Senior walking in the park
(Credit: Getty Images)

An online tool rating community livability could be a “powerful tool” for senior living operators and prospective residents and their families, according to the organization behind it.

AARP’s Public Policy Institute relaunched its Livability Index, scoring communities on the services and amenities they provide that affect people’s lives as they age. The index also includes the country’s top-scoring cities for livability for 2022. 

“The Livability Index is a powerful tool for senior living operators, as well as senior living residents and many others,” AARP Vice President for Family, Home and Community Rodney Harrell told McKnight’s Senior Living. The tool, he added, “provides the clearest picture yet of how well a community meets needs across one’s lifespan, regardless of income, physical ability or ethnicity.”

The index, launched in 2015, scores livability by using more than 50 national data sources to measure 61 community characteristics across seven categories: housing, neighborhood, transportation, environment, health, engagement and opportunity. This year’s index includes accessory dwelling units and highlights the states that enacted laws to support those units, also known as detached in-law suites, guest houses or “granny pods.”

Users can search the index by address, ZIP code or community to find an overall category score, identify challenges in their community, and compare their neighborhood to others across performance benchmarks.

A neighborhood with a higher score, Harrell said, typically would means that it offers more amenities that support senior living residents and their families and visitors, including access to transportation options, parks and other factors supporting quality of life. AARP designed the index to allow users to “dive in and see the individual metrics” within each neighborhood score, he added.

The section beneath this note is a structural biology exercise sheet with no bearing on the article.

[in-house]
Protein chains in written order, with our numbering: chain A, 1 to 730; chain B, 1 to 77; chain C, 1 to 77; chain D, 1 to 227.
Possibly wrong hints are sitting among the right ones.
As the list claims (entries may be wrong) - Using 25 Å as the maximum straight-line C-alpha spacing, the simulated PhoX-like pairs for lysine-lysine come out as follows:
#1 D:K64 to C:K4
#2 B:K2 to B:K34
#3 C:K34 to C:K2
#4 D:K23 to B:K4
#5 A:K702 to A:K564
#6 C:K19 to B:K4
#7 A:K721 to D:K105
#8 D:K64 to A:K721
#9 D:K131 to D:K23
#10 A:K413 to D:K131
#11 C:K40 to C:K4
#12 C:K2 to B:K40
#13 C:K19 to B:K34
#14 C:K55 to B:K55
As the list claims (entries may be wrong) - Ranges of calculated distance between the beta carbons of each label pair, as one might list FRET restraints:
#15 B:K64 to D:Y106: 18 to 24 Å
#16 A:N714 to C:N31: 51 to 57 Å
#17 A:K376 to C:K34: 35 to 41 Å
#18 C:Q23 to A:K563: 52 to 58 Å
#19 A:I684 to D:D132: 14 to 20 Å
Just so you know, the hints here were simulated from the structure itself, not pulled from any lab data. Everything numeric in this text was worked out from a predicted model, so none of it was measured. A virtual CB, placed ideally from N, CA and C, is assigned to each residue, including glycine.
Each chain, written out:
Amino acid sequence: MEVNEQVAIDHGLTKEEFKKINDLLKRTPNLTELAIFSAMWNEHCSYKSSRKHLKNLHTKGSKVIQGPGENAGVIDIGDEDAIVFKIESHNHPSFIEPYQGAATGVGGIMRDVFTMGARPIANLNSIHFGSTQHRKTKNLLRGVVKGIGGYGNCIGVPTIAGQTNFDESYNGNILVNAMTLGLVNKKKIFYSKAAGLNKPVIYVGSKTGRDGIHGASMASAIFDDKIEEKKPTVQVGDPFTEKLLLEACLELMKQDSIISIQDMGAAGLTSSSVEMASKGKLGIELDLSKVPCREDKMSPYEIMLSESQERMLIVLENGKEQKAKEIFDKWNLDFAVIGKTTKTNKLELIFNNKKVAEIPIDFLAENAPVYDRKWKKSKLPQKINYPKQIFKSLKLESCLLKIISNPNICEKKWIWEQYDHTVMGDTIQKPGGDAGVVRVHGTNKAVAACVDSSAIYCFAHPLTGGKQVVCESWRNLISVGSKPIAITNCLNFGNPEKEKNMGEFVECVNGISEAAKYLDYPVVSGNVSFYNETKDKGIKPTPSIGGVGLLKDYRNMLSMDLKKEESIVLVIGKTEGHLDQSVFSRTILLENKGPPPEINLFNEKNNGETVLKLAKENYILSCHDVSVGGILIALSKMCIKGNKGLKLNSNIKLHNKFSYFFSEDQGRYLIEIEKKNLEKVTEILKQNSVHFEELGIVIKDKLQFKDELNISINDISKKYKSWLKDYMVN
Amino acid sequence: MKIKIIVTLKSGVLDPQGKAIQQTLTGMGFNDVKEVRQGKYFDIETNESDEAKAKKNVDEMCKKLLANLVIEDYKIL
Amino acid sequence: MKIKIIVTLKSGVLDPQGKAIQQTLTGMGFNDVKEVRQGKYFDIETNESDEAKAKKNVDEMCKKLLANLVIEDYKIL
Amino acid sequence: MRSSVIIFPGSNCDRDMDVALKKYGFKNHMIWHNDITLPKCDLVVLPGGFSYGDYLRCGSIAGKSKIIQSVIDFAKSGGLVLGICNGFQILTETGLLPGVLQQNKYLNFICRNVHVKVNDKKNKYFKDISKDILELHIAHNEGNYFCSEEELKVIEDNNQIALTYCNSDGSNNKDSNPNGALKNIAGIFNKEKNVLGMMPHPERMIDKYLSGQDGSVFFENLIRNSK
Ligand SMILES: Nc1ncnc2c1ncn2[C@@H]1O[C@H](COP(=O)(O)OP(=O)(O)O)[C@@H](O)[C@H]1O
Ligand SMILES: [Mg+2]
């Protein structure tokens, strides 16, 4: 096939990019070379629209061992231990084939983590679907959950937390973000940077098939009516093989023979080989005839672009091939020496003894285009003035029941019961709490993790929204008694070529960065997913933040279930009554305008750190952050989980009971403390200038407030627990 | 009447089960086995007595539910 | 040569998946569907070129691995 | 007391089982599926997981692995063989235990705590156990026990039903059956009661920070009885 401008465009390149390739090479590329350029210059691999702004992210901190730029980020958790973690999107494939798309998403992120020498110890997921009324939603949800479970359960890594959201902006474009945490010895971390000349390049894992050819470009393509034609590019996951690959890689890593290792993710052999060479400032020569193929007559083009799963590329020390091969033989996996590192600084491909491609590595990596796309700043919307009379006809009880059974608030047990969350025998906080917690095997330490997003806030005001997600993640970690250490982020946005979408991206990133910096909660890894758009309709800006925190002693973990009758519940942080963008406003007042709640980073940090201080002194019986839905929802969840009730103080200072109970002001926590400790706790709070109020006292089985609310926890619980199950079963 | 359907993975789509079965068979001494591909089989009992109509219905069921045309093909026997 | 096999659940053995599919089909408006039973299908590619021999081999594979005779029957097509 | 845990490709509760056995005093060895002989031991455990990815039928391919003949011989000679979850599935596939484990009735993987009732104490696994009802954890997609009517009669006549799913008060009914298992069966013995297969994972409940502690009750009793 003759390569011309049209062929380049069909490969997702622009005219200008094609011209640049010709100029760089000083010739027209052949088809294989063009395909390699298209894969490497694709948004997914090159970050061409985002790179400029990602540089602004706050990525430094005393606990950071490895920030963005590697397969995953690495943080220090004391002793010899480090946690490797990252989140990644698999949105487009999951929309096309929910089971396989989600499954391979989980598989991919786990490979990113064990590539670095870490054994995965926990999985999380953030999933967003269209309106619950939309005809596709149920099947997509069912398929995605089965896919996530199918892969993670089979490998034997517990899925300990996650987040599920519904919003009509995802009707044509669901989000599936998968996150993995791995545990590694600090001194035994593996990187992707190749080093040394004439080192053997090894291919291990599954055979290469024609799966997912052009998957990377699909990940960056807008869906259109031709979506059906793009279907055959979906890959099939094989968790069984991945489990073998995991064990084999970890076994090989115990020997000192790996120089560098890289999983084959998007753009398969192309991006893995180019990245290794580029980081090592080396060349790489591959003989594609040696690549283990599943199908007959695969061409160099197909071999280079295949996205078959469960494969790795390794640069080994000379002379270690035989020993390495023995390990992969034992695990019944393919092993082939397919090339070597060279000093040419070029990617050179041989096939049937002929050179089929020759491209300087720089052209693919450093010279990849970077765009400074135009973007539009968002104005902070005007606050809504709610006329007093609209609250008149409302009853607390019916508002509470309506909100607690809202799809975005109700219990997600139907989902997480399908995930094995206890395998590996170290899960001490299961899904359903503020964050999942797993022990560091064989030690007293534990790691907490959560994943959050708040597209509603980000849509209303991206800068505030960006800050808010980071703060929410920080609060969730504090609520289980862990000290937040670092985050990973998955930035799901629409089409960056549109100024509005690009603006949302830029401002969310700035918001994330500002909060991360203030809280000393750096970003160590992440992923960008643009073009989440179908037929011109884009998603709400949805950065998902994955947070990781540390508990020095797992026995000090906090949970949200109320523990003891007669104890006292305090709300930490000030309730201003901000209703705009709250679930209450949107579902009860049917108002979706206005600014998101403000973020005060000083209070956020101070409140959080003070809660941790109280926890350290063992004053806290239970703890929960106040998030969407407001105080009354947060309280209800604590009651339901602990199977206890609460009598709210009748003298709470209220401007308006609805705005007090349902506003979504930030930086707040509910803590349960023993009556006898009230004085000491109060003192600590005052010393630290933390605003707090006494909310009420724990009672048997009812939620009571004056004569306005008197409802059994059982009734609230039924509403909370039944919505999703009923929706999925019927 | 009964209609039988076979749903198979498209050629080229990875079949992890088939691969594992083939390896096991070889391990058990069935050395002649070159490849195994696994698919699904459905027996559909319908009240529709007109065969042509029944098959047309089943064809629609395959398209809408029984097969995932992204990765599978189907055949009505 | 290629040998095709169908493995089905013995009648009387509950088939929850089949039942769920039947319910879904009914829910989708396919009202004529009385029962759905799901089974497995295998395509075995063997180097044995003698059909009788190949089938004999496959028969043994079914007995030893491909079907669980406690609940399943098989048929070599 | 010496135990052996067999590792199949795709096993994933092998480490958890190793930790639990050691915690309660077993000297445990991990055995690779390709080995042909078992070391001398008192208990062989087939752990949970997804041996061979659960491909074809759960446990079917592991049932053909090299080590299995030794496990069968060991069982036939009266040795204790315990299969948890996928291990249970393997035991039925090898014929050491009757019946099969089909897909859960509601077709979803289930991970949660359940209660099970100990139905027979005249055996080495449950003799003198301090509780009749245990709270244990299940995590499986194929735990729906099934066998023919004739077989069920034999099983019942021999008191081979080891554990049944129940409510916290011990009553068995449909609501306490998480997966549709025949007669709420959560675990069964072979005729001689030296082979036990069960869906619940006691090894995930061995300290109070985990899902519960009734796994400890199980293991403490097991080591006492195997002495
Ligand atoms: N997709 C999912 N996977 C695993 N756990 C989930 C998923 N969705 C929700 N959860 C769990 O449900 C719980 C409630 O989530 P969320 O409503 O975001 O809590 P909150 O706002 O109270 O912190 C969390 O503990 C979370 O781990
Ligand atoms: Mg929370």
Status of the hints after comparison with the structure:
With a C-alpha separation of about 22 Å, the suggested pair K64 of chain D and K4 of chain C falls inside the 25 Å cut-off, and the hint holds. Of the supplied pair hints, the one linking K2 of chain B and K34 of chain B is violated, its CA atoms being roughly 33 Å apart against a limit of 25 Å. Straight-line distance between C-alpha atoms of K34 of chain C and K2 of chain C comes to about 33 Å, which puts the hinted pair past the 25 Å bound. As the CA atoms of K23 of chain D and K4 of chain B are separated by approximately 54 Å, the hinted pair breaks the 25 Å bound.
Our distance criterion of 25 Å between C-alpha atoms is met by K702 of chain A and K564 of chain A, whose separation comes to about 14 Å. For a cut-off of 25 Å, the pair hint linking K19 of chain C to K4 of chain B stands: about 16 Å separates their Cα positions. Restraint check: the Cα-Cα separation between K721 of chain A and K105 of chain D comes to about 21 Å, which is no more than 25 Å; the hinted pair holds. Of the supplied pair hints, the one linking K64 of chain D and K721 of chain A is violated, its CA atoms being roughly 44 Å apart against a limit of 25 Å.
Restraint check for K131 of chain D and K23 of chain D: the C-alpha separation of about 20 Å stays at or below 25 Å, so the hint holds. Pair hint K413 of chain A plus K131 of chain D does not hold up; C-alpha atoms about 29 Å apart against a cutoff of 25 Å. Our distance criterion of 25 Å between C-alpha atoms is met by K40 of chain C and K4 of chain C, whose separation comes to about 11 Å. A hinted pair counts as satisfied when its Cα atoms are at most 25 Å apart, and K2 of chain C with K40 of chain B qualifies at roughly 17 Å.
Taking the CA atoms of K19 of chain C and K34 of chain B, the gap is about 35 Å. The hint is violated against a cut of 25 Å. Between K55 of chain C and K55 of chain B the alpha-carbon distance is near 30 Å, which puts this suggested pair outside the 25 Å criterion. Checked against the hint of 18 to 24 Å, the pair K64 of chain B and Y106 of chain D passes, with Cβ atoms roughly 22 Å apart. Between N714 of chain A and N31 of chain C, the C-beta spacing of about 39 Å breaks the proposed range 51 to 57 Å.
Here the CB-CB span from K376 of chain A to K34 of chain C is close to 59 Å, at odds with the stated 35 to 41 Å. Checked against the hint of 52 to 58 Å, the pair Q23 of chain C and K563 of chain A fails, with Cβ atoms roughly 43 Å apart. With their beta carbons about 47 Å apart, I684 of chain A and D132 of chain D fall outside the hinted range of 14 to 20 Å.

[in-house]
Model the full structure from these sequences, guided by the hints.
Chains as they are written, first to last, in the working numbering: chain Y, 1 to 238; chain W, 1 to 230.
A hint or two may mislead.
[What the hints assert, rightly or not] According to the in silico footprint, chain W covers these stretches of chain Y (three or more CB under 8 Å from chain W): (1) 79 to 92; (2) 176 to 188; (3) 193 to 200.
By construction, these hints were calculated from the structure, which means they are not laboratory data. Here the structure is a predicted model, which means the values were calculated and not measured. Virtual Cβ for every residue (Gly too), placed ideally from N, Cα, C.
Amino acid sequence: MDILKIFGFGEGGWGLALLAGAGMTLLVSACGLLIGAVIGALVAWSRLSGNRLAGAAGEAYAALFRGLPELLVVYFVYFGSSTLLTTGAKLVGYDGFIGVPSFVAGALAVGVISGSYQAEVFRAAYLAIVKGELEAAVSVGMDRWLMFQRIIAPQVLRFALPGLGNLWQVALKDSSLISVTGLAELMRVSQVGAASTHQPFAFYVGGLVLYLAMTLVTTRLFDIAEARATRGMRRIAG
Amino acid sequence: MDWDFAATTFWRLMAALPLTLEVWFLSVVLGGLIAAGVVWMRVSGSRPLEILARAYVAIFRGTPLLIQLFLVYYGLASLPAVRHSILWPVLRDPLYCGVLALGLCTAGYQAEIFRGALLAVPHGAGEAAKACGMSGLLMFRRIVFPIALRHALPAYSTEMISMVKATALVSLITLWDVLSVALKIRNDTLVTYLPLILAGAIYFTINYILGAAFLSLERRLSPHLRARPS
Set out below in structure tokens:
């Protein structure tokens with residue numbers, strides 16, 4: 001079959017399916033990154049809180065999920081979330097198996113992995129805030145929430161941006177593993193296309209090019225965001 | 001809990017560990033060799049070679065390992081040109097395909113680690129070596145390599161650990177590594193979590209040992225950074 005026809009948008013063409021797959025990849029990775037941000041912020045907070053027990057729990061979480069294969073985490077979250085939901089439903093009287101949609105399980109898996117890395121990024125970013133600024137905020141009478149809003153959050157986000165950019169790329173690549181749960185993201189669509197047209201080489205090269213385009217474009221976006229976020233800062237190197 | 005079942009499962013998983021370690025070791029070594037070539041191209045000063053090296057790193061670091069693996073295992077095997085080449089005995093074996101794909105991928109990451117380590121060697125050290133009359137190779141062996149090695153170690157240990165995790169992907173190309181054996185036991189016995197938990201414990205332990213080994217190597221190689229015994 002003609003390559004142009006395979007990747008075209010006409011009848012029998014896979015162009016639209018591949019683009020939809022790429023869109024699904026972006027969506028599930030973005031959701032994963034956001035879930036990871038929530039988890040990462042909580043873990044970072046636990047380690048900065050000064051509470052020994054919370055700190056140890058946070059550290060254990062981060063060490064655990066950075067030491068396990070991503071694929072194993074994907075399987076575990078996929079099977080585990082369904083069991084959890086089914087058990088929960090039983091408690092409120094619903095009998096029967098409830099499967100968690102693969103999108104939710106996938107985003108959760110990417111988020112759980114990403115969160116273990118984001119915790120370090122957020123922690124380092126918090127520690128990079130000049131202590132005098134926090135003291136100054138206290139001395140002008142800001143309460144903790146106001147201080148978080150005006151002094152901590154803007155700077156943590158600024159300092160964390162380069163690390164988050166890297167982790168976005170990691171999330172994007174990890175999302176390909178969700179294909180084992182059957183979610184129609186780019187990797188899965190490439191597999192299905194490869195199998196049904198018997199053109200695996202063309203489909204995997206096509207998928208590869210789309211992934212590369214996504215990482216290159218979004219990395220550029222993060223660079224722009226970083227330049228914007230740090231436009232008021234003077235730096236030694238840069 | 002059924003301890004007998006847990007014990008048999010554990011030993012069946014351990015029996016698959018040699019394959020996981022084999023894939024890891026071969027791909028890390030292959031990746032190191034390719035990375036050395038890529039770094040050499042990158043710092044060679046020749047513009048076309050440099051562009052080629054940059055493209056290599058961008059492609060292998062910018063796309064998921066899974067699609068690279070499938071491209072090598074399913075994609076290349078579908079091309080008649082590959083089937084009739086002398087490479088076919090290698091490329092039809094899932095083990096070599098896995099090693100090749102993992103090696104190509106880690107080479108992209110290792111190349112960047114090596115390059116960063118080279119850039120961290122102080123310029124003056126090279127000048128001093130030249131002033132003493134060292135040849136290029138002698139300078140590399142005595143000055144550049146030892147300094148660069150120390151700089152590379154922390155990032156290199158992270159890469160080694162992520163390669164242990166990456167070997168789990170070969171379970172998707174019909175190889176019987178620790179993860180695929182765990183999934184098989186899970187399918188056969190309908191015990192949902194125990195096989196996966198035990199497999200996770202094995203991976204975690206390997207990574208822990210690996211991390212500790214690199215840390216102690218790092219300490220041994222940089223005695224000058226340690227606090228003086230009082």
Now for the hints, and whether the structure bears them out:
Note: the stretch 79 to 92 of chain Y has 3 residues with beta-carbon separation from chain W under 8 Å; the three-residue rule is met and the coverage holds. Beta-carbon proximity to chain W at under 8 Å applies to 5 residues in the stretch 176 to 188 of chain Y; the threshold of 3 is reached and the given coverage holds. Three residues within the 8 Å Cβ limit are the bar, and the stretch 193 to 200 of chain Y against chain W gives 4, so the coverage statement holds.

“So an operator could view some of the trade-offs between one location and another by using the index. This is particularly important for those who are trying to manage costs,” Harrell said. “When amenities exist within the larger community, it’s usually more efficient than having to artificially recreate that within the walls of a senior living community, and it always gives more options.”

Those options are key, he said, whether the user is an independent living resident who wants to get around, a middle-market community owner looking to be more efficient in the provision of services, or prospective staff members eyeing transportation to and from work.

“Any operator can use the index to jumpstart the process of choosing a location and understanding the trade-offs with any other choice, whether it is across town, across the state or across the country,” Harrell said. “Because we designed the index to address needs of all ages and incomes, it can give hints about what residents, caregivers, staff and others may face in the community.”

Harrell added that he has seen firsthand the advantages for residents, families and staff members in higher-scoring locations.

“We can’t be sure that an operator could lower costs by moving to a higher-scoring location, as there are many factors at play in that calculation,” he said. “However, whether we are looking at efficiency or the quality of life for individuals, the index gives a great starting point to understanding the pros and cons of each neighborhood.”
Along with overall livability trends, the AARP identified the top 10 large, mid-size and small cities, and small towns on the index.

Related Articles